St. Joseph's from that town's Novitiate Park. Lexington Reservoir, a popular
fishing spot, sits to the south: the reservoir and southwestern portion
of St. Joseph's is managed by Santa Clara County. St. Joseph's western
border is CA 17, and traffic noise (especially trucks downshifting for
the grade) is a companion on some trails. Directly east (through Lexington
County Park) is MROSD's huge and rugged Sierra Azul Open Space Preserve,
dominated by 3,486 foot Mount Umunhum.
St. Joseph's is small, but features a few
short steep trails, and a couple options for loops. All hikes starting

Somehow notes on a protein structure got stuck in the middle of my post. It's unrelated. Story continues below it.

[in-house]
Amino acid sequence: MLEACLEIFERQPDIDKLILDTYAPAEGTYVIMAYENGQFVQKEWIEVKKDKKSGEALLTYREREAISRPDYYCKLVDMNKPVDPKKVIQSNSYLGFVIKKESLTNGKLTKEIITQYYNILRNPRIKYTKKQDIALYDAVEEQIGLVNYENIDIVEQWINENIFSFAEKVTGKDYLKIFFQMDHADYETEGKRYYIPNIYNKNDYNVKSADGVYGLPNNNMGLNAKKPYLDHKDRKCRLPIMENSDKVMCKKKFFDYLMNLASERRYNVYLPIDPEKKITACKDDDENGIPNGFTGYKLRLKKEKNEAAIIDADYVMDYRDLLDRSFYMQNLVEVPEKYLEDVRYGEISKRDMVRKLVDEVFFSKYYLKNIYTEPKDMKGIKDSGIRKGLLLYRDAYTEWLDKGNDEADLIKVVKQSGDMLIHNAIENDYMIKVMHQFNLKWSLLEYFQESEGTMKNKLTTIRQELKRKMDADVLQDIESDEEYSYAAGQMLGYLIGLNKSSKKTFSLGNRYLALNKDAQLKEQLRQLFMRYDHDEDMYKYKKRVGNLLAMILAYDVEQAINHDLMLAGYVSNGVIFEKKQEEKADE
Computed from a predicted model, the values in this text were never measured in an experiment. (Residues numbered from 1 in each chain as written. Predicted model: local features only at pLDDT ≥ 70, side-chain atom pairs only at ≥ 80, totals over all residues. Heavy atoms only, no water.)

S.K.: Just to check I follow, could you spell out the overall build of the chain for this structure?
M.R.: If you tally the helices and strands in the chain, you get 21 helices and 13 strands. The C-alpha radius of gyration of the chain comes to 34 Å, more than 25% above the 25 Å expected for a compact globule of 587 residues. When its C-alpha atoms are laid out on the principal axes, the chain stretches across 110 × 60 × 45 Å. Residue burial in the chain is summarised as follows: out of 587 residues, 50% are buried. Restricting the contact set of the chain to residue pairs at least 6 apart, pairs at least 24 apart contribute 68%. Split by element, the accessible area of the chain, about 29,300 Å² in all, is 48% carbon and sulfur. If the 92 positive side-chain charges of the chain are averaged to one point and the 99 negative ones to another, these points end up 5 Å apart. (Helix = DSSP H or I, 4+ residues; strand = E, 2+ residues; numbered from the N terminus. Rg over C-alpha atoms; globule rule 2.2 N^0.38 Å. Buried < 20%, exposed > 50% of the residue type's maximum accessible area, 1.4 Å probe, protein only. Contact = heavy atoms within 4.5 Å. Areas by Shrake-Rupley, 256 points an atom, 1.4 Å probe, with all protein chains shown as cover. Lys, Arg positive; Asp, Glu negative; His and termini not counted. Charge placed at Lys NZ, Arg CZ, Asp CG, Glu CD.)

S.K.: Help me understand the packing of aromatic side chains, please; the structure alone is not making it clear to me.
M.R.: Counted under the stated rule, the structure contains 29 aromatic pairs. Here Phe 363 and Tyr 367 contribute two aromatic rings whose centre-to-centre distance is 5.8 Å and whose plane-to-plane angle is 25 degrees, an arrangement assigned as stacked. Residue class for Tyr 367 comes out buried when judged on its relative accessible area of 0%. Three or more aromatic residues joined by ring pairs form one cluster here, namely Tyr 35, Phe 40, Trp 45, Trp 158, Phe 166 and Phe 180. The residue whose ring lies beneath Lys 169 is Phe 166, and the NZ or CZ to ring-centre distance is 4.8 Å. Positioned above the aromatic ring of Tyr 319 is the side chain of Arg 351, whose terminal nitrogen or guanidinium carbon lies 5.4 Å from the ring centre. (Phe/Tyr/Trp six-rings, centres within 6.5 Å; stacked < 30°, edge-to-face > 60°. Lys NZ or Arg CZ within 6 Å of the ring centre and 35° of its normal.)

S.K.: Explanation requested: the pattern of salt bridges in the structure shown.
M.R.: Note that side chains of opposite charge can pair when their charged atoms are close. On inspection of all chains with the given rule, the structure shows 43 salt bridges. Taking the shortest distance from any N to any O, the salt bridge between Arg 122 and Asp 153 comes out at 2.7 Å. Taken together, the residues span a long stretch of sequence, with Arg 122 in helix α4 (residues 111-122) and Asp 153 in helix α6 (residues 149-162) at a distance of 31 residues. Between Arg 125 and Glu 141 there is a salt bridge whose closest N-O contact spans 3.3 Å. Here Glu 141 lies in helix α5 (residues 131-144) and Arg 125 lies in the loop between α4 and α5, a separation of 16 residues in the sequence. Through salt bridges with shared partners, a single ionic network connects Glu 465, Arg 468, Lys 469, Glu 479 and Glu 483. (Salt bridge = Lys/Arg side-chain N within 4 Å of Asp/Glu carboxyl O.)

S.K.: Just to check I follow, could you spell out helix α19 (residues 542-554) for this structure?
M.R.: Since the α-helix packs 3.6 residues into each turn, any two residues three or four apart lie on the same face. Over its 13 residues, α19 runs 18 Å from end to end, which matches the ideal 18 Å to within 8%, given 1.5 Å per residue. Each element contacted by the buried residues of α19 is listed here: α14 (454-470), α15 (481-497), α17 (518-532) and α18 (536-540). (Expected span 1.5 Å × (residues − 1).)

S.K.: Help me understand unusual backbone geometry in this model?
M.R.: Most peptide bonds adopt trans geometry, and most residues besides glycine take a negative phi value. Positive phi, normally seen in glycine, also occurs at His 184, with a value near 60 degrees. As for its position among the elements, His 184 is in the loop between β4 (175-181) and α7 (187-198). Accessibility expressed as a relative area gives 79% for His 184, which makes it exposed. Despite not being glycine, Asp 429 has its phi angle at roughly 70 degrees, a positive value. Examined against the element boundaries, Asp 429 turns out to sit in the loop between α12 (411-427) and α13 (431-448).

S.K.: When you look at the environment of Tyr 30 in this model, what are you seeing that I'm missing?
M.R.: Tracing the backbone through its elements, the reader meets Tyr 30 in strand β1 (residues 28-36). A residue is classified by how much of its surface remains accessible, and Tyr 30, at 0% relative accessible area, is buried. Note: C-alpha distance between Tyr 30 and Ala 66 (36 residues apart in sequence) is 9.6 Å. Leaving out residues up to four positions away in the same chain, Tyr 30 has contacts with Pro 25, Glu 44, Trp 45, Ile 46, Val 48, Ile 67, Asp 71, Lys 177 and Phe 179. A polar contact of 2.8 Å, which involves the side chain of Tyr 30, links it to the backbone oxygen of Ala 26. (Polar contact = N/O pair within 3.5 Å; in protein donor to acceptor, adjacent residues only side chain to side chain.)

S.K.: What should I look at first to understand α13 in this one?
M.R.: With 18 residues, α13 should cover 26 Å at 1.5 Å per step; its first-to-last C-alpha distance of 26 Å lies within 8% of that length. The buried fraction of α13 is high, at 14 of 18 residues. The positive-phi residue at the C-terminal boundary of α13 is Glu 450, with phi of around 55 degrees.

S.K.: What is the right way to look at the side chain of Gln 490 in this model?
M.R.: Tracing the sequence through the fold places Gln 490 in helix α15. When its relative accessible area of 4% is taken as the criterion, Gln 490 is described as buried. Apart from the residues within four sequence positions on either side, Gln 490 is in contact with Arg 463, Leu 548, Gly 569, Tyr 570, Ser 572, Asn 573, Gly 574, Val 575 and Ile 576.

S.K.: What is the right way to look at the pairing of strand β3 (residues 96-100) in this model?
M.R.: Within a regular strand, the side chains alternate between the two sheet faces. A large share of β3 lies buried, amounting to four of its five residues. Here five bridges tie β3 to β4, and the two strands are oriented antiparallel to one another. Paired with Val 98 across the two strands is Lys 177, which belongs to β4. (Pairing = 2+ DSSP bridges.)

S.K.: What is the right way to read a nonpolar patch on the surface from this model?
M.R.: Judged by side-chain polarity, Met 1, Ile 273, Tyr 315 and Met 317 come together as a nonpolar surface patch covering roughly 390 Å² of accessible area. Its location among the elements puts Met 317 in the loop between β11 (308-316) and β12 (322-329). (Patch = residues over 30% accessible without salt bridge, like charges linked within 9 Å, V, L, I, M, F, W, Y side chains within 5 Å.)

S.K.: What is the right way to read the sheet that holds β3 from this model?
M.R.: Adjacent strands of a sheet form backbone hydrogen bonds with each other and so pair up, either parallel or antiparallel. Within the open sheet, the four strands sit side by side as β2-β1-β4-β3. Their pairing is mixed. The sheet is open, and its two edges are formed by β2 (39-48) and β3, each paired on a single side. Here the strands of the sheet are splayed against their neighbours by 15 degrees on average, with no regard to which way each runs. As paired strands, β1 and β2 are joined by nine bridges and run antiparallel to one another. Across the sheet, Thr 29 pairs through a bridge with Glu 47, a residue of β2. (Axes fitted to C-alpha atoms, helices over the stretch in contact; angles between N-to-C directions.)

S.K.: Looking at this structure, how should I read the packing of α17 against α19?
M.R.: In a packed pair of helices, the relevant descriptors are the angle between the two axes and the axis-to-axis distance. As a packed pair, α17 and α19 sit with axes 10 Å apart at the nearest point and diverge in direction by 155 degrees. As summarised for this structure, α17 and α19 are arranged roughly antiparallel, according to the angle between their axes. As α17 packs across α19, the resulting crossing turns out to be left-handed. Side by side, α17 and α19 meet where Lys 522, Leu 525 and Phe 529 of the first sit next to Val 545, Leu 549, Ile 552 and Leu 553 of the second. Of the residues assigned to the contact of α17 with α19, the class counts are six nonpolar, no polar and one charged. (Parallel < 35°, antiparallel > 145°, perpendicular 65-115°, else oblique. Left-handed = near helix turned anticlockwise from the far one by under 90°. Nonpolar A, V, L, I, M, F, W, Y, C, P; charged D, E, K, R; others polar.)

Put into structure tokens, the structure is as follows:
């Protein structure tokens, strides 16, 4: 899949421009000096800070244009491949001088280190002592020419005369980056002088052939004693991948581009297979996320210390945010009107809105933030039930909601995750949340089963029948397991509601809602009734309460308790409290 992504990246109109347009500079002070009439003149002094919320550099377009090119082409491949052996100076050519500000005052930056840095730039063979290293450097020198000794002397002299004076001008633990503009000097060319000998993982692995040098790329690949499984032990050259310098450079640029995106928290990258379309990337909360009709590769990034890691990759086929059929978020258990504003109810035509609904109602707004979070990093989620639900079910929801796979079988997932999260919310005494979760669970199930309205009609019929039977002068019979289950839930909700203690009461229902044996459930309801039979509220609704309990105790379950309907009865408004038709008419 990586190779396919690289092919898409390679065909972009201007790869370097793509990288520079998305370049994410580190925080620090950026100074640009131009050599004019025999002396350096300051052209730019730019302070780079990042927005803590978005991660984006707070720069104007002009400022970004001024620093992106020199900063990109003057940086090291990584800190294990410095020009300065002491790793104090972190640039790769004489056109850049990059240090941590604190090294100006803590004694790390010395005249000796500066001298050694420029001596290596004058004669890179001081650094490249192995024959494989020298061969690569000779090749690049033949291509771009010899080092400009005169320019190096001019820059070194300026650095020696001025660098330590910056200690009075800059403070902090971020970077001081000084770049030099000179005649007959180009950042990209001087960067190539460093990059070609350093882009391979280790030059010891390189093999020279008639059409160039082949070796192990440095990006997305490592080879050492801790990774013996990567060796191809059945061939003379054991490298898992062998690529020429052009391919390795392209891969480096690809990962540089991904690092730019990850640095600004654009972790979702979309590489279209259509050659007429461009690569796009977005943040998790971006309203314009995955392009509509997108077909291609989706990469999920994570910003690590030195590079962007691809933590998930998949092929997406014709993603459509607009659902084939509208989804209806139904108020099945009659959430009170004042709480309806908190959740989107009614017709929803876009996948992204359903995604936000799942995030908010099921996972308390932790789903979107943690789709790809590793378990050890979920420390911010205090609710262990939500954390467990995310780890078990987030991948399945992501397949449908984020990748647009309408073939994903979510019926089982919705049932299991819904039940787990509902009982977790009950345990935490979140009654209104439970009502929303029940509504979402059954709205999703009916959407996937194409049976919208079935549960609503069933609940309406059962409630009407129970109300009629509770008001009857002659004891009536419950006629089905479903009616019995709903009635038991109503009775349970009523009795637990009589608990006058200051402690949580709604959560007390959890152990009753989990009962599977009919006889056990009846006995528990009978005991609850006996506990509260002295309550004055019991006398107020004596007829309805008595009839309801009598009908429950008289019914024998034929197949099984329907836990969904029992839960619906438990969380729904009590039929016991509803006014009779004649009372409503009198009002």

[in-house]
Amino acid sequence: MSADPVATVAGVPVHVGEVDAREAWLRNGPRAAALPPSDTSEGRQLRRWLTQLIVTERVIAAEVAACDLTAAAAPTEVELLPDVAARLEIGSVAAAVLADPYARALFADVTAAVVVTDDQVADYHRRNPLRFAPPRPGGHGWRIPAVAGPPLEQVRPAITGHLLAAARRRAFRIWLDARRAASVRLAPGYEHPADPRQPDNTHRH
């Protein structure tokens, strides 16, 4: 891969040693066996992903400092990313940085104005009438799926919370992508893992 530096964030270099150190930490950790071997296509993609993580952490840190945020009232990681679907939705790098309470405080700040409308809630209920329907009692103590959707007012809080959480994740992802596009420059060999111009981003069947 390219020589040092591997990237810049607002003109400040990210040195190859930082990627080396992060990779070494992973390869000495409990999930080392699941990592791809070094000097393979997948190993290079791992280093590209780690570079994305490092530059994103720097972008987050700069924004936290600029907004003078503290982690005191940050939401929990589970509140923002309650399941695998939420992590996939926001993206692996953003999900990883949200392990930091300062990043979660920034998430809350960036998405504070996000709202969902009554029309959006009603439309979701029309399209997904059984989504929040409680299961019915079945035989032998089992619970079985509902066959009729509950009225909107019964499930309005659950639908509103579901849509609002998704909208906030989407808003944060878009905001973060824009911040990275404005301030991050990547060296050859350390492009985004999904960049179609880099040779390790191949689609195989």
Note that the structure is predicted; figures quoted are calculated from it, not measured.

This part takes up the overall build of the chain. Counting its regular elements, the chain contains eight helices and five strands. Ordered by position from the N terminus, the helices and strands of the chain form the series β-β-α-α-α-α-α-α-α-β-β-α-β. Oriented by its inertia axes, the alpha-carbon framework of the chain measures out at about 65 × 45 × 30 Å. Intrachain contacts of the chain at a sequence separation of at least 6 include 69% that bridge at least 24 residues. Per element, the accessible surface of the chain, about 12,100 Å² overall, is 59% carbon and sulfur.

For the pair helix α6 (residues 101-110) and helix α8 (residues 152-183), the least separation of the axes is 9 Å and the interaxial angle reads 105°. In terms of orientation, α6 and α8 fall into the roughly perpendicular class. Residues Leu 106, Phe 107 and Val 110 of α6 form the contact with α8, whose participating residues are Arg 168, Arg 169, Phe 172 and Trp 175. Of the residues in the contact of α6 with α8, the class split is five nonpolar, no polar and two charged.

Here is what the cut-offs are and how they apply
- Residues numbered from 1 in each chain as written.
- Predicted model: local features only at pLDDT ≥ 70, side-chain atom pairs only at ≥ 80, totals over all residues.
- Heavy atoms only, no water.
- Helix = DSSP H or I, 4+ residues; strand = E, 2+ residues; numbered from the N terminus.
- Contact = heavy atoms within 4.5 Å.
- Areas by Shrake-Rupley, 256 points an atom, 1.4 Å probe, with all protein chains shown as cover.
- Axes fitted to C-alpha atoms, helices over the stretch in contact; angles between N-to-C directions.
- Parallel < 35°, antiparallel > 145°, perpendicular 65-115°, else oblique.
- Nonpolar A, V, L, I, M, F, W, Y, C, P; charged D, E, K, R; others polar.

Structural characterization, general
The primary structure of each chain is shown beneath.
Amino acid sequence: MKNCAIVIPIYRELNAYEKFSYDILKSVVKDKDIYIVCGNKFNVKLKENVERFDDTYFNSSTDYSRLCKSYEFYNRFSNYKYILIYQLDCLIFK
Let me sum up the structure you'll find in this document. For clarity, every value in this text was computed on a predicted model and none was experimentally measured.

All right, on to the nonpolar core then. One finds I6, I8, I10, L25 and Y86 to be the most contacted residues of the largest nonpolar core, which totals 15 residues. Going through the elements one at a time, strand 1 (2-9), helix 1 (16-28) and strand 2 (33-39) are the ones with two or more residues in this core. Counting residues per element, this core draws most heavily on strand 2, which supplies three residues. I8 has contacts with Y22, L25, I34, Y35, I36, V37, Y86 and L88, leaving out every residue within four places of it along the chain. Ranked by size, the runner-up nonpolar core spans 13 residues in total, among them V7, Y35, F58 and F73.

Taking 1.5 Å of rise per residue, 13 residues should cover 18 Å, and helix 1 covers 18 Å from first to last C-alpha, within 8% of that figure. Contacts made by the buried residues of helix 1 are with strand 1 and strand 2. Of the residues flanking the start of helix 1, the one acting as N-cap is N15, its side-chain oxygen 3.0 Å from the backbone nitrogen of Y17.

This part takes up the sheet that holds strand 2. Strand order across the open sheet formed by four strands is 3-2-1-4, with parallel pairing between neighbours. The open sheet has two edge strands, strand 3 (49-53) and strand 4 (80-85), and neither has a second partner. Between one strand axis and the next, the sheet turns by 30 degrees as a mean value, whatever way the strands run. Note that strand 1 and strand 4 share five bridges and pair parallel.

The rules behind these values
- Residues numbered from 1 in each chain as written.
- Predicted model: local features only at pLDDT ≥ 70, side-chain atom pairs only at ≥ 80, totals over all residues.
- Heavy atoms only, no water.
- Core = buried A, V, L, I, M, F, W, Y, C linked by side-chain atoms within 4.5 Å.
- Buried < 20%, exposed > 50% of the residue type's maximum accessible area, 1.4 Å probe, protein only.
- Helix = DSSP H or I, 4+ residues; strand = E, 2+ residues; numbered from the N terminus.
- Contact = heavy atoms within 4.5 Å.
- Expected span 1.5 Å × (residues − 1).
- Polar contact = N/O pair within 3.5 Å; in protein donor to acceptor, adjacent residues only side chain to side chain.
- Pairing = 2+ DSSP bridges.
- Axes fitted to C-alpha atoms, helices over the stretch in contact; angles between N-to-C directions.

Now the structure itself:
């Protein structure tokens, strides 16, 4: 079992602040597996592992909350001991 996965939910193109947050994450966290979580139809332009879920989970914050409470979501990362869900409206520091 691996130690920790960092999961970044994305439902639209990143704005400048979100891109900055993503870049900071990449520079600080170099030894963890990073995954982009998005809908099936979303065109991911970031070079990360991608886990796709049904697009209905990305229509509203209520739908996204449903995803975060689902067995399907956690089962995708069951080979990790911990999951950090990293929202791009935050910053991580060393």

at Lexington Reservoir climb on Jones Trail, but once in MROSD territory
you can choose 3 loops all around 3 miles. Whatever trails you choose, be sure to wear
sturdy footwear, because the trails are rocky.
For the featured hike, start at the Lexington
Reservoir parking lot. Cross Alma Bridge Road and begin walking uphill
on Jones Trail, marked by a SJ03 gate. This old, crumbly once-paved
road, open to hikers, cyclists, and equestrians, shoots straight uphill,
lined with eucalyptus, broom, and sagebrush. The steepest bit is over
after 0.15 mile, and the grade tapers off (as well as the pavement) near
a MROSD information signboard, where you can check your progress on a
map. As Jones Trail edges along a hillside parallel to CA 17, look for
cercocarpus, scrub oak, toyon, hollyleaf cherry, black sage, sticky monkeyflower,